But the only plausible vaccine-autism link is arguably the Hannah Poling case in 2008. Hannah was 19 months old and healthy when she received five vaccines in one day due to prior delays. Two days after vaccination, she developed lethargy, irritability, and fever. She then faced developmental delays for the upcoming months and years and was diagnosed with autism and encephalopathy related to a pre-existing mitochondrial disorder.
Her parents sued the government for compensation under the Vaccine Injury Compensation Program and won, which the anti-vaccine movement used as legal proof that vaccines cause autism.
Hannah’s case was actually published as a case report in 2006, with her father, Jon S. Poling, MD, Ph.D., a neurologist, being the lead author. In this paper, Poling and other scientists argued that mitochondrial disorder compromised the cell’s energy levels. Coupled with excessive immune activation, be it from vaccination or infection, the resulting oxidative stress generated may overwhelm the cells. As the brain is highly metabolically active, it may be the first organ to be affected in this manner.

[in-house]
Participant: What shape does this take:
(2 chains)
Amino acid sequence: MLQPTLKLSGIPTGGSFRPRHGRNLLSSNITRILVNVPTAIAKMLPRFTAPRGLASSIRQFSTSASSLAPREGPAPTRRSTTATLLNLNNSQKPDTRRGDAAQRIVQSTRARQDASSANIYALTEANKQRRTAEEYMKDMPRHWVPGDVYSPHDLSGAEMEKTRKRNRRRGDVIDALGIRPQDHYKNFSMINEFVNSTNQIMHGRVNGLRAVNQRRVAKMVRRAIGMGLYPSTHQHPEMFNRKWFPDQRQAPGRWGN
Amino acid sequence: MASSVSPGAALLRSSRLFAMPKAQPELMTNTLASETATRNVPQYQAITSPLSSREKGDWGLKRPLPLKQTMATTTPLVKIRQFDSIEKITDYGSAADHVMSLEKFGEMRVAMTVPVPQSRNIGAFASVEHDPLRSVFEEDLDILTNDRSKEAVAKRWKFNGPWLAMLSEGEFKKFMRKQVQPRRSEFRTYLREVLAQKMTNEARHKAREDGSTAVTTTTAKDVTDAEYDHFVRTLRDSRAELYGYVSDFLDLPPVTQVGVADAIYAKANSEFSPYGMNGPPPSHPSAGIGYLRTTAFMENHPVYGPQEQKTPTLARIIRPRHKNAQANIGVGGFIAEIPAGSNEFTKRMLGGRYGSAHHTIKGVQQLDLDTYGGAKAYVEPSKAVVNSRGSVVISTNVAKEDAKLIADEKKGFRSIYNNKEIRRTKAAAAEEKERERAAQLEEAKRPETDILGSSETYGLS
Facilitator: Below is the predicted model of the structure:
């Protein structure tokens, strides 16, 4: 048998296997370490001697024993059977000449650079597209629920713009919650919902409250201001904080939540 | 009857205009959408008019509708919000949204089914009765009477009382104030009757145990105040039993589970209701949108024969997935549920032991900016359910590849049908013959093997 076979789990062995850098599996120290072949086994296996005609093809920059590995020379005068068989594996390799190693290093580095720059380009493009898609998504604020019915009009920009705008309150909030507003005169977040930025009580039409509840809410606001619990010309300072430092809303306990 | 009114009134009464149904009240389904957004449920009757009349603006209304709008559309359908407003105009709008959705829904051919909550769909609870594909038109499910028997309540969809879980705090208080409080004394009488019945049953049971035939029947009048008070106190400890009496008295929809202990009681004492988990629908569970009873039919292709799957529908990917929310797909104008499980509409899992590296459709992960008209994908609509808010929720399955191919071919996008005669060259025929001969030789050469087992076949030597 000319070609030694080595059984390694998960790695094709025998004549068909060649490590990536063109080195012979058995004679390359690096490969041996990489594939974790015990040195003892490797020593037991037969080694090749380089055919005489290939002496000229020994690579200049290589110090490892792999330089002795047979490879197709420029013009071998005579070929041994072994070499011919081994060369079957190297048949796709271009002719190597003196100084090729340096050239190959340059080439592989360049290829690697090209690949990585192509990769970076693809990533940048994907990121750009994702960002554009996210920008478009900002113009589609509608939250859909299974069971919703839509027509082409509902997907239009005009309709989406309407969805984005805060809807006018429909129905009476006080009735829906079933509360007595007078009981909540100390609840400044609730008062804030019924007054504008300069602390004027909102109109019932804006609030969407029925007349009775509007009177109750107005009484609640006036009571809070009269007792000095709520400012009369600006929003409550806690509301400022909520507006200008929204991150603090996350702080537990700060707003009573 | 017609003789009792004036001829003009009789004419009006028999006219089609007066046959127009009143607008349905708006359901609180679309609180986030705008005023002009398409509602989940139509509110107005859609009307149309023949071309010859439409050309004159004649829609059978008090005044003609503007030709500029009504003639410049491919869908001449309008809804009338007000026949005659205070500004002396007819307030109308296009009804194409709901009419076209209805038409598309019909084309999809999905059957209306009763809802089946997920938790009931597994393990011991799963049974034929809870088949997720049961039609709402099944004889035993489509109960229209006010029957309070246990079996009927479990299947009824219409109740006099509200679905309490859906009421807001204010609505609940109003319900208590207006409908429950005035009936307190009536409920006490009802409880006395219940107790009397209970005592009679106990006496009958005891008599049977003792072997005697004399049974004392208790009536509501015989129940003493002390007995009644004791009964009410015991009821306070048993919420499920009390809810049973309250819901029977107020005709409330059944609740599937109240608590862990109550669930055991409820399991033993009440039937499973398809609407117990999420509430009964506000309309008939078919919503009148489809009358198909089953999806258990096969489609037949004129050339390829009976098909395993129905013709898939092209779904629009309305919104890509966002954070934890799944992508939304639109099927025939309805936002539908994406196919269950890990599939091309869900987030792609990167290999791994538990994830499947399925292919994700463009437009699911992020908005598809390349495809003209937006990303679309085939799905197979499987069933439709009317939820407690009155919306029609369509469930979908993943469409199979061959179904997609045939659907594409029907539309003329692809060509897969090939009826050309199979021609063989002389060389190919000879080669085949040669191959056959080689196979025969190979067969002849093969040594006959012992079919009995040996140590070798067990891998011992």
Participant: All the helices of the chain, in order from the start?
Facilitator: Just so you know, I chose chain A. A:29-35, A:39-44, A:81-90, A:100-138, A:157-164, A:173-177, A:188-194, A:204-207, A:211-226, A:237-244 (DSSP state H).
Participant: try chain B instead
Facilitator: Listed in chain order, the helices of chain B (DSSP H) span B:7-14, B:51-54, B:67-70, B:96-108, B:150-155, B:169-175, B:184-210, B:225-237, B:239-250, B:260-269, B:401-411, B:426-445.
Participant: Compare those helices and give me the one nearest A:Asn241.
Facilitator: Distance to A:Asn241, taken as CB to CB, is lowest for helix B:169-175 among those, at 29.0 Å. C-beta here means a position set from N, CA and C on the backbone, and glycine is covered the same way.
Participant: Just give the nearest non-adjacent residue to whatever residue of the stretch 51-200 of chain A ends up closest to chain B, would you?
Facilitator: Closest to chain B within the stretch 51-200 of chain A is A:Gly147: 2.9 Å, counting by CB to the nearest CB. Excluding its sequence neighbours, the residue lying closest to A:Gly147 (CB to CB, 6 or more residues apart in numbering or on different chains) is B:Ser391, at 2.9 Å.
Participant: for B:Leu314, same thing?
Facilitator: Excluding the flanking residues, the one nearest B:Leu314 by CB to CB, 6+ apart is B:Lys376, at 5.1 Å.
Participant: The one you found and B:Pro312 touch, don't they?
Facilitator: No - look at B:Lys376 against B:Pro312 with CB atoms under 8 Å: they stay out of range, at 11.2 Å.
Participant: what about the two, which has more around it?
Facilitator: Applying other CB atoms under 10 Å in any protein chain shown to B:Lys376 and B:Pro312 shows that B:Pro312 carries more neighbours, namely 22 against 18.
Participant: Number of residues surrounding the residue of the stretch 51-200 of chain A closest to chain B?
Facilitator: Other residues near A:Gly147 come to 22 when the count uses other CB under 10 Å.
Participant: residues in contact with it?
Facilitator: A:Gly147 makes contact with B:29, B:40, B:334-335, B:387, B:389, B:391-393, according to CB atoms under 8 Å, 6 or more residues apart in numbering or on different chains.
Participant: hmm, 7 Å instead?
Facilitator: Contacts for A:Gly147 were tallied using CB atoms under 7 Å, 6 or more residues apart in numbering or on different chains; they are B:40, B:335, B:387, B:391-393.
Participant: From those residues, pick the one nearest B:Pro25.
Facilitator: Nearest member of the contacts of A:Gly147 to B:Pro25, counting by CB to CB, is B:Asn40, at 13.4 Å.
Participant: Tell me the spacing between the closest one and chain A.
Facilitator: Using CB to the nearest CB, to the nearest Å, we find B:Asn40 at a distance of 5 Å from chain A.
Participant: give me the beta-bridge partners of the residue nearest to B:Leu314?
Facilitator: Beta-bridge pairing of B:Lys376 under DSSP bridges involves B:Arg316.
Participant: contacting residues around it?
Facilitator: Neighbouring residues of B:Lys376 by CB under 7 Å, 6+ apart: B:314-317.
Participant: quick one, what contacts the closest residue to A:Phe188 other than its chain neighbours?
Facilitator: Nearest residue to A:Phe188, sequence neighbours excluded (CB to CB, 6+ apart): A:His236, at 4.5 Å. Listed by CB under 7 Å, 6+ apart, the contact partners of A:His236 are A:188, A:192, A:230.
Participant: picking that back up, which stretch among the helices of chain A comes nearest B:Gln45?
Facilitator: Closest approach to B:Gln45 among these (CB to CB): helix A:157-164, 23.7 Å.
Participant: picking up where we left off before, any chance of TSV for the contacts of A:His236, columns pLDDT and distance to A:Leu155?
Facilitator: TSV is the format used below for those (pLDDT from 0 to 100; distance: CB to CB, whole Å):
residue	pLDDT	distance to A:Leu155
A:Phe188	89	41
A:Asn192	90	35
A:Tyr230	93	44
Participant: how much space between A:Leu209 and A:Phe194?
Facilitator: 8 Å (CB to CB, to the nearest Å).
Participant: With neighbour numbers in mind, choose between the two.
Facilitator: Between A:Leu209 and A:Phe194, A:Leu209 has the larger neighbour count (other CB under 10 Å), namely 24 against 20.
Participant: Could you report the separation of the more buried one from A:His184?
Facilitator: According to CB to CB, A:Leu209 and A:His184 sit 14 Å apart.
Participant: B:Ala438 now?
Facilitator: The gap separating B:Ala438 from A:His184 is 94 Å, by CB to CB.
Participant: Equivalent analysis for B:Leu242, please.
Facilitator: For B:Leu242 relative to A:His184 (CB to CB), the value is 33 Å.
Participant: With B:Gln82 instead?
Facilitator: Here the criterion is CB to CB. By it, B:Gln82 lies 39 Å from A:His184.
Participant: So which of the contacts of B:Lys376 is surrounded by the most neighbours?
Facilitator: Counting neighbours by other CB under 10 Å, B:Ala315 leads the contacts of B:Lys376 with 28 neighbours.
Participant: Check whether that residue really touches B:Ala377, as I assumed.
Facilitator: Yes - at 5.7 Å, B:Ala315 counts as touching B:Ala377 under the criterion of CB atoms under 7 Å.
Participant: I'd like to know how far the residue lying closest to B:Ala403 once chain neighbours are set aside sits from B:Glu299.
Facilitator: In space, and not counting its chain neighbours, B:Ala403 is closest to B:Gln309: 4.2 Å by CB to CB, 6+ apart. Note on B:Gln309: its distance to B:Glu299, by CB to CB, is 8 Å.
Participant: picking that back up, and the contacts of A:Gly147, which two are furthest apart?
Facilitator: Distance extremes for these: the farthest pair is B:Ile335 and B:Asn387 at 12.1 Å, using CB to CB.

Poling et al. ran further analyses in their paper. They compiled clinical data on 159 patients with autism and 94 patients of a similar age with other neurological disorders, and compared the patients’ biomarker profiles. Higher levels of aspartate aminotransferase in the autism group were noted (46% vs. 22% of patients). Creatine kinase levels were unusually high in the autism group too (47% of patients), but this data was lacking from the control group. This led to the conclusion that almost half of the autism cases also have underlying metabolic abnormalities.
But other experts highly doubt Poling et al.’s arguments for many reasons:
- For one, mitochondrial genetic disorders are incredibly rare, with an estimated incidence of 1 in 5000. The claim that almost half of autism patients have a mitochondrial disease appears misleading, which may or may not stem from an underlying genetic mutation.
- Second, encephalopathy can produce neurological symptoms similar to autism. As a result, some experts argued that Hannah’s case wasn’t the typical autism case and thus isn’t generalizable.
- Third, mitochondrial diseases are caused by gene mutations. So, “there is no way a vaccination can cause a mitochondrial disease,” said Salvatore DiMauro, MD, professor of neurology.
- Fourth, winning the Vaccine Injury Compensation Program may not indicate actual vaccine injury. For instance, Dorothy Werderitsh won compensation for the hepatitis B vaccine she believed caused her multiple sclerosis. But hepatitis B vaccine neither caused nor exacerbated multiple sclerosis in several controlled cohort studies.